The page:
Tuesday, September 22, 2009

Climate Week In New York–U.S. Must Catch Up To The International Community

New York City gears up for a busy week on climate, poverty, health pandemics, nuclear disarmament and conflict and peace negotiations. Over 100 world leaders from Russia, China, India, Iran and other developed and developing nations will gather at the UN’s Climate Summit and General Assembly, the Clinton Global Initiative and other smaller forums organized throughout the city. The climate debate is at the top of the agenda and industrialized leaders will travel to Pittsburgh at the end of the week where the G-20 will gather to discuss a plan to combat global warming ahead of a major international climate conference in Copenhagen in December.

Making your way through town, one can feel a buzz in the air–anti-Ahmadinejad and Qaddafi protests are rampant, as are tabloid papers masking themselves as the New York Post with headlines “We’re Screwed. What you’re not being told: Official City report predicts massive climate catastrophes, public health disasters.”

To add to the inflamed excitement, Mayor Mike Bloomberg, a lead organizer of Climate Week NY failed to show up at his city’s climate opening ceremony. But other notables took the reign including former United Kingdom Prime Minister Tony Blair who’s climate group launched a report today entitled”Breaking the Climate Deadlock: Cutting the Cost.”

The report outlines the economic benefits for countries that go green and reduce carbon emissions. The findings indicate that if a deal is reached at the global Copenhagen climate conference in December, cutting emissions could potentially create as many as 10 million new jobs in 2020 and thus generate additional economic growth via the adoption of low carbon technologies that accelerate sustainable development in developing countries.

“This is more difficult that all the negotiations where I have been involved including the Middle East peace process and NATO,” Blair added. “However, there is a way — we must distinguish short term and long term targets. 2020 is a long way ahead. The enormous cost savings that can be achieved if countries act together are striking.”

CEO of the Climate Group, Steve Howard, summarized: “Climate Week is a partnership to see how we can come up with a successful deal in Copenhagen–but there is a lot of lifting to be done.”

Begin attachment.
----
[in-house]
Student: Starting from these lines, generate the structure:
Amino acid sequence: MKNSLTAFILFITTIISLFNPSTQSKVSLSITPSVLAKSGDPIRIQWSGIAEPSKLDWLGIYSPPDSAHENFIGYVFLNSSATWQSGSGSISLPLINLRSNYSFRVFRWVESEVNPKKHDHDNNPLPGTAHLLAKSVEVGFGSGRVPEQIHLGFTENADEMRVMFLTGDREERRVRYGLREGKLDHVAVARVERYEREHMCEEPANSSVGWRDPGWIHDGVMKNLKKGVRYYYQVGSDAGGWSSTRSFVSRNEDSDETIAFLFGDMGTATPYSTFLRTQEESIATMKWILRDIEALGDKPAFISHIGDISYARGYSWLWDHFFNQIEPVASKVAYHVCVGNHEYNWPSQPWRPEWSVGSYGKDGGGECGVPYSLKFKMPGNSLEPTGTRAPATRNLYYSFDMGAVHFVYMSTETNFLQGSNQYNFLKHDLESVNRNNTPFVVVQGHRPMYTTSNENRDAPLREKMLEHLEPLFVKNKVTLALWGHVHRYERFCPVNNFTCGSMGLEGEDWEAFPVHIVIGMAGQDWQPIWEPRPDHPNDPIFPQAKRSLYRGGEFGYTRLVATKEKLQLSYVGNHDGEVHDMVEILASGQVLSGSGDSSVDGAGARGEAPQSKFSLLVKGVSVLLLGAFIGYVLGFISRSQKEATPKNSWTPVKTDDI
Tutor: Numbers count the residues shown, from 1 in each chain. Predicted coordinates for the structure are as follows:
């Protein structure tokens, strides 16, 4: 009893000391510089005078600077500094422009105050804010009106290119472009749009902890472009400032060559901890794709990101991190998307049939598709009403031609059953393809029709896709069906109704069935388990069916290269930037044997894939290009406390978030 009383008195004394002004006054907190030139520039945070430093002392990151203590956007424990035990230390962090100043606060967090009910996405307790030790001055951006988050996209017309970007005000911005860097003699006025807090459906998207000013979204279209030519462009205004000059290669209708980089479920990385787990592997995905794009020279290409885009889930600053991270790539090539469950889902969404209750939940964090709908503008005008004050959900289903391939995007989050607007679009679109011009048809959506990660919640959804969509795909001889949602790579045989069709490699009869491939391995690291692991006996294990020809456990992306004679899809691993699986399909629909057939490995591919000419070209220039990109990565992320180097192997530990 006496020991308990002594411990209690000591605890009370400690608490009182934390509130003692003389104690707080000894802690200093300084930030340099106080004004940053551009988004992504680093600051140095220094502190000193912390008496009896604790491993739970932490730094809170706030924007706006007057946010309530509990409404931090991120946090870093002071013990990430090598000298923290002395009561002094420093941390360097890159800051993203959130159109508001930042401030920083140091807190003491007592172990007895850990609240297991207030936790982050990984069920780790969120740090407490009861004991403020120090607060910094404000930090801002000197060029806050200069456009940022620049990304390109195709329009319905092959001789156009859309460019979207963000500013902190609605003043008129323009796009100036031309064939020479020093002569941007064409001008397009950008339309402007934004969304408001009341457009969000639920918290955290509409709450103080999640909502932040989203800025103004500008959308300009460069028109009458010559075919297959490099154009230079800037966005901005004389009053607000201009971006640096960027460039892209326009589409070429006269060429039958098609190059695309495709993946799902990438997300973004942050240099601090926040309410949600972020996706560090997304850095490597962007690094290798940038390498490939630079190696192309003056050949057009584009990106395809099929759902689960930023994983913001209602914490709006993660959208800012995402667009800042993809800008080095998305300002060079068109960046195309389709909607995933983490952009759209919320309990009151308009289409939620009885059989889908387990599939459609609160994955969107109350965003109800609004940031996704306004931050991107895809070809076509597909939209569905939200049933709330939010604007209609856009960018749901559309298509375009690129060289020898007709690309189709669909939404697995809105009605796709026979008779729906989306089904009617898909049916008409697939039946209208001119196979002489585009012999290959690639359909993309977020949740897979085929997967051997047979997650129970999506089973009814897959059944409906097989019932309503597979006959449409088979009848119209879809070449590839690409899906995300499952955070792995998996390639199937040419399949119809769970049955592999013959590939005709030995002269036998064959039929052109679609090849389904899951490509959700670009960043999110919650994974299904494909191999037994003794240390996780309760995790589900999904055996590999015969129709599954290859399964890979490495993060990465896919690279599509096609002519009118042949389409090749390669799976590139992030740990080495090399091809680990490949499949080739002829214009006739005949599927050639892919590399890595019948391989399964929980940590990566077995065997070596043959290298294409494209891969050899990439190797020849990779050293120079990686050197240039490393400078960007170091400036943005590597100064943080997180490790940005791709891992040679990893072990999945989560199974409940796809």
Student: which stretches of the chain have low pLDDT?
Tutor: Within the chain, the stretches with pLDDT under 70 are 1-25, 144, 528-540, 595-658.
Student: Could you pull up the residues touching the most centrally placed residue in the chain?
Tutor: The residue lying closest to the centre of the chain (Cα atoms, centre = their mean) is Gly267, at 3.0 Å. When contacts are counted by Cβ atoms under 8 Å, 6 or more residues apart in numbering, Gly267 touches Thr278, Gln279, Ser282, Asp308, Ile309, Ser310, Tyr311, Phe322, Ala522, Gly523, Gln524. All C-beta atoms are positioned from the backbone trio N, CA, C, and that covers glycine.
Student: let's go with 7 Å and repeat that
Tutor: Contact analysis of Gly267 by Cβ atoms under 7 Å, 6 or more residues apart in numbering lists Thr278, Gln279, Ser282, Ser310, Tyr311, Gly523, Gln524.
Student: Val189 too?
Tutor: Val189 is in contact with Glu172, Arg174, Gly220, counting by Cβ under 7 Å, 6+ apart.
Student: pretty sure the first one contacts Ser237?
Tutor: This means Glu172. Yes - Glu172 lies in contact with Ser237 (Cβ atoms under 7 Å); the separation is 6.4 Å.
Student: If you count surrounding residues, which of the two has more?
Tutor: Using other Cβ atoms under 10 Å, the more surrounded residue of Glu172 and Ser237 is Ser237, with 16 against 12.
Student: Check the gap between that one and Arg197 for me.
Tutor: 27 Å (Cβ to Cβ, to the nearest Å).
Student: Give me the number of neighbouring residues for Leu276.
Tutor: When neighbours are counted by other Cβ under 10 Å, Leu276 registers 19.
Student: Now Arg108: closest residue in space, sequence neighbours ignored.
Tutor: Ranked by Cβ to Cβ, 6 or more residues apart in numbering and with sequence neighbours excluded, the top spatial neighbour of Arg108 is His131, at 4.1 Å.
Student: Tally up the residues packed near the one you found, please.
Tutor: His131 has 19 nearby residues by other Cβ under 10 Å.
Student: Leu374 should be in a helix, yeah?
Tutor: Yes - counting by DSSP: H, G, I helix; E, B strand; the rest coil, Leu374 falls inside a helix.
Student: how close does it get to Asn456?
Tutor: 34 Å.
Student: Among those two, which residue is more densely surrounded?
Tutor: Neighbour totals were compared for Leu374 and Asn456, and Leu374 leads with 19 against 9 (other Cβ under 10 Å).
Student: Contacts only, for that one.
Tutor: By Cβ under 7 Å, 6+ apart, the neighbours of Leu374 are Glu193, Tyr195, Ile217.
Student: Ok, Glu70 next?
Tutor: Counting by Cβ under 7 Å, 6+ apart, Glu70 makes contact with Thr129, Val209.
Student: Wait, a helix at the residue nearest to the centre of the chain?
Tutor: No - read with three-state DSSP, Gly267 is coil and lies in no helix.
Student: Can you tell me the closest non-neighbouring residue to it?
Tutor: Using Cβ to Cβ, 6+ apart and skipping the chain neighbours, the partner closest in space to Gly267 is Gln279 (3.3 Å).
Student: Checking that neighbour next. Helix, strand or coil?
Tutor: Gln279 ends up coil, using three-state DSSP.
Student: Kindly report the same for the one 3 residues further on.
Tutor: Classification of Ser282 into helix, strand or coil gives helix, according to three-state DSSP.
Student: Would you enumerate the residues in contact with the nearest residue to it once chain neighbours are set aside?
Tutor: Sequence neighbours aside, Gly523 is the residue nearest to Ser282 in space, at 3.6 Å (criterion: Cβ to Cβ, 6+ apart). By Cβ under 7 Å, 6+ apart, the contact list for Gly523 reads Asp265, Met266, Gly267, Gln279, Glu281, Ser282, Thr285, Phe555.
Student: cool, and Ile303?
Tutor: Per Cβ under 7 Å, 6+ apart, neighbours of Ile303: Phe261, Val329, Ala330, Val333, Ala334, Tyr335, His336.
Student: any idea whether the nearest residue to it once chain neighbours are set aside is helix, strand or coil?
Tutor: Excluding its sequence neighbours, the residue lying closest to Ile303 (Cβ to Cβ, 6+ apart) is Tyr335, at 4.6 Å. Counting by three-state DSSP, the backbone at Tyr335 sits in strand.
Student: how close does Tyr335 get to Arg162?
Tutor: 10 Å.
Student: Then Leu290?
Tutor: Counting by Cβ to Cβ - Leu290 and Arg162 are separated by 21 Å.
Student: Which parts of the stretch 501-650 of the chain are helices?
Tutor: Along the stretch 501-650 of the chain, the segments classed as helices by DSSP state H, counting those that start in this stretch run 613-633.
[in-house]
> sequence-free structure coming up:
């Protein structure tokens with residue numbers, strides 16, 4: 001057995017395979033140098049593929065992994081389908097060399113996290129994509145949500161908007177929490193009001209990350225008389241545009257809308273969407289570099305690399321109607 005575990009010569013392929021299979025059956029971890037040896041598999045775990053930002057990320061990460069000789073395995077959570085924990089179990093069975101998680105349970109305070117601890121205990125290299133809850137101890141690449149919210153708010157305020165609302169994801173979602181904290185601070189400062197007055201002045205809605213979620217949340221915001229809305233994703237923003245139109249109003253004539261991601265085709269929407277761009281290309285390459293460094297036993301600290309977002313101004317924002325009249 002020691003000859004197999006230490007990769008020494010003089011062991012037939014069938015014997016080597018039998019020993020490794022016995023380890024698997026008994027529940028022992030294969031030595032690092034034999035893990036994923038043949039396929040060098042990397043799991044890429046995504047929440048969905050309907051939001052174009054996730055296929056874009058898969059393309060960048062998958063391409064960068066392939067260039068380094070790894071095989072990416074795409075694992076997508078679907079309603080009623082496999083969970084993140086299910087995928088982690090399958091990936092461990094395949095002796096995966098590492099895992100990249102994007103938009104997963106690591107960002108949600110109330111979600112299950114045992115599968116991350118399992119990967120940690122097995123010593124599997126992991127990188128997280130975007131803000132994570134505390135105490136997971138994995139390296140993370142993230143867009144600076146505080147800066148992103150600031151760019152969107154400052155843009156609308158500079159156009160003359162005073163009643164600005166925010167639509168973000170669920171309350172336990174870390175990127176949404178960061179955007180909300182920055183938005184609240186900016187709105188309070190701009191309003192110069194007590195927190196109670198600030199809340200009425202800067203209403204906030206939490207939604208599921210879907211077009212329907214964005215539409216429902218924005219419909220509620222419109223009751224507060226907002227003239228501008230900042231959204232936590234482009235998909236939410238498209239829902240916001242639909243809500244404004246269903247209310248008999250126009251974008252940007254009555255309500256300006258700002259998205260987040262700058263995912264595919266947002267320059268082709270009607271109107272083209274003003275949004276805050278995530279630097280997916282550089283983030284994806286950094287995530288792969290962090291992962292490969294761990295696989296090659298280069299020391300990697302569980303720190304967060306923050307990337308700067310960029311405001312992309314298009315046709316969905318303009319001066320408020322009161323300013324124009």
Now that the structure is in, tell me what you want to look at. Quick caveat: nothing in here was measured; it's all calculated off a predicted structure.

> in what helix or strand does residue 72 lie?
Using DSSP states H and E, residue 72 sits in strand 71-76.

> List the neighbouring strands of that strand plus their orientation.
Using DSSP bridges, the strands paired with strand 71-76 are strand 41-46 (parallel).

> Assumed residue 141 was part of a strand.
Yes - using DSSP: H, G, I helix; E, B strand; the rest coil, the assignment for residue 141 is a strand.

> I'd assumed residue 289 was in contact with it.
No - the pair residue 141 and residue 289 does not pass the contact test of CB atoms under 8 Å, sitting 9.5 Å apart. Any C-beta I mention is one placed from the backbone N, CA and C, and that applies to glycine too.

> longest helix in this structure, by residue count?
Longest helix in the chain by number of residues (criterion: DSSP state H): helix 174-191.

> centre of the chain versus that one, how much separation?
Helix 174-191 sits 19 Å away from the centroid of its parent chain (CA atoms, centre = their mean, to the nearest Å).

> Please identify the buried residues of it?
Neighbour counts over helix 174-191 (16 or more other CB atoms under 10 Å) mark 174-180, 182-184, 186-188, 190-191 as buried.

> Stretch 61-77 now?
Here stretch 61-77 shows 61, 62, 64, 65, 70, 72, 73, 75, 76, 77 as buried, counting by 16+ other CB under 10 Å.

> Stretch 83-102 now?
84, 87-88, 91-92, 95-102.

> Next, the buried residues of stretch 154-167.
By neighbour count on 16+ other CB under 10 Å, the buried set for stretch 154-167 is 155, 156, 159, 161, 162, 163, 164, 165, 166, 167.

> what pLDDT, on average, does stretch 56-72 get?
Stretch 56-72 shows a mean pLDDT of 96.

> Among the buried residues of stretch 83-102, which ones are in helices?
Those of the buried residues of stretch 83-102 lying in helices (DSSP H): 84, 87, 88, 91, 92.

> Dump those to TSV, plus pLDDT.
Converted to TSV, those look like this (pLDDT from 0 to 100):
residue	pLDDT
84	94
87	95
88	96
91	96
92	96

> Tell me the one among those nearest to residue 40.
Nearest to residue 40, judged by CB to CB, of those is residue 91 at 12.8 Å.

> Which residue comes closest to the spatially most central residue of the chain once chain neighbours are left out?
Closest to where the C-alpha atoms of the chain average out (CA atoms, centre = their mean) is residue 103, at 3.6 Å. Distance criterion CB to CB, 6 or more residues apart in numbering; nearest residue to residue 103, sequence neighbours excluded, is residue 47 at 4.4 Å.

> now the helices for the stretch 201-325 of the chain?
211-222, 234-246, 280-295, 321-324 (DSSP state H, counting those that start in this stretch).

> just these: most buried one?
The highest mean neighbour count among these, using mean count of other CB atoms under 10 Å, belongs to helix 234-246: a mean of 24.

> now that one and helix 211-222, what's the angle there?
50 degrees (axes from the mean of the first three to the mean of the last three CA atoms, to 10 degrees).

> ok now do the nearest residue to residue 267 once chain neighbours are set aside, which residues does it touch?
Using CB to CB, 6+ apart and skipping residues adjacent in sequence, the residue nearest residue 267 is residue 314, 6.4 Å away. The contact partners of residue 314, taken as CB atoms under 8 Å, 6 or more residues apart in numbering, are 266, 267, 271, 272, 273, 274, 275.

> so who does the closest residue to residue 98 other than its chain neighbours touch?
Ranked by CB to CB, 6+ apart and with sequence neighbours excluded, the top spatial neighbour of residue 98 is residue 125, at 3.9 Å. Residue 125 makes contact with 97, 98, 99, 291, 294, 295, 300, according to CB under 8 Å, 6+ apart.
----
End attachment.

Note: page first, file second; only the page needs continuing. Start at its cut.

United Nations Secretary-General Ban Ki Moon, said he wanted to ask Mayor Bloomberg to begin calling New York the “Big Green Apple.”

Celebrity actor Hugh Jackman also joined the opening ceremony and shared his “going green” experiences based on a recent trip to Ethiopia. Todd Stern, United States Special Envoy for Climate Change and the Administrator’s chief negotiator said he was hopeful Obama would go to Copenhagen with or without a Senate approved climate bill.

Representatives from China and India also commemorated the day–both recently lauded for implementing effective national plans to boost green energy. The word is also out that China plans to unveil an ambitious energy conservation plan tomorrow at the UN Climate Summit. According to Yves de Boer, Executive Secretary of the United Nations Framework Convention on Climate Change (UNFCCC), who met with reporters earlier this morning, “Everyone knows about the one or two power plants China opens up every week, but nobody knows that China is also closing one or two power plants every week as well.” De Boer added “China doesn’t need anybody’s money, but they want to cooperate on clean technology.”

Nevertheless, de Boer believes “Obama is doing his darndest. But the international community is saying, what is the United States doing in all of this? Why has the protocol son not joined the international community?”

Many international skeptics have criticized the United States for being the world’s biggest polluter per capita, and at the same time, being slow to approve the Markey-Waxman bill and other climate change initiatives –when other countries have sped far ahead on this agenda.

Across town, at the Natural History Museum in New York’s Upper West Side, the Alliance of Small Island States (AOSIS) including Cape Verde, Grenada, Nauru, Maldives and Trinidad, got together to talk about the “murder” being committed by industrialized nations on small islands. Lead organizer, President Mohamed Nasheed of the Maldives said “Climate Change is already delivering damage not of our making. Should we, leaders of the most vulnerable and exposed countries, be asking our people to sign onto significantly greater degrees of misery and livelihood insecurity, essentially becoming climate change guinea pigs?”

AOSIS is calling on industrialized nations to demand a global warming limit in Copenhagen and to cut emissions by 45% by 2020. The Alliance group is also asking for global temperature increases to be well below 1.5 degrees C in order to ensure the survival of small and low lying islands and their inhabitants. Many smaller islands are disappearing leaving residents homeless due to rising water levels caused by melting polar ice caps and global warming.

Source: talkradionews.com

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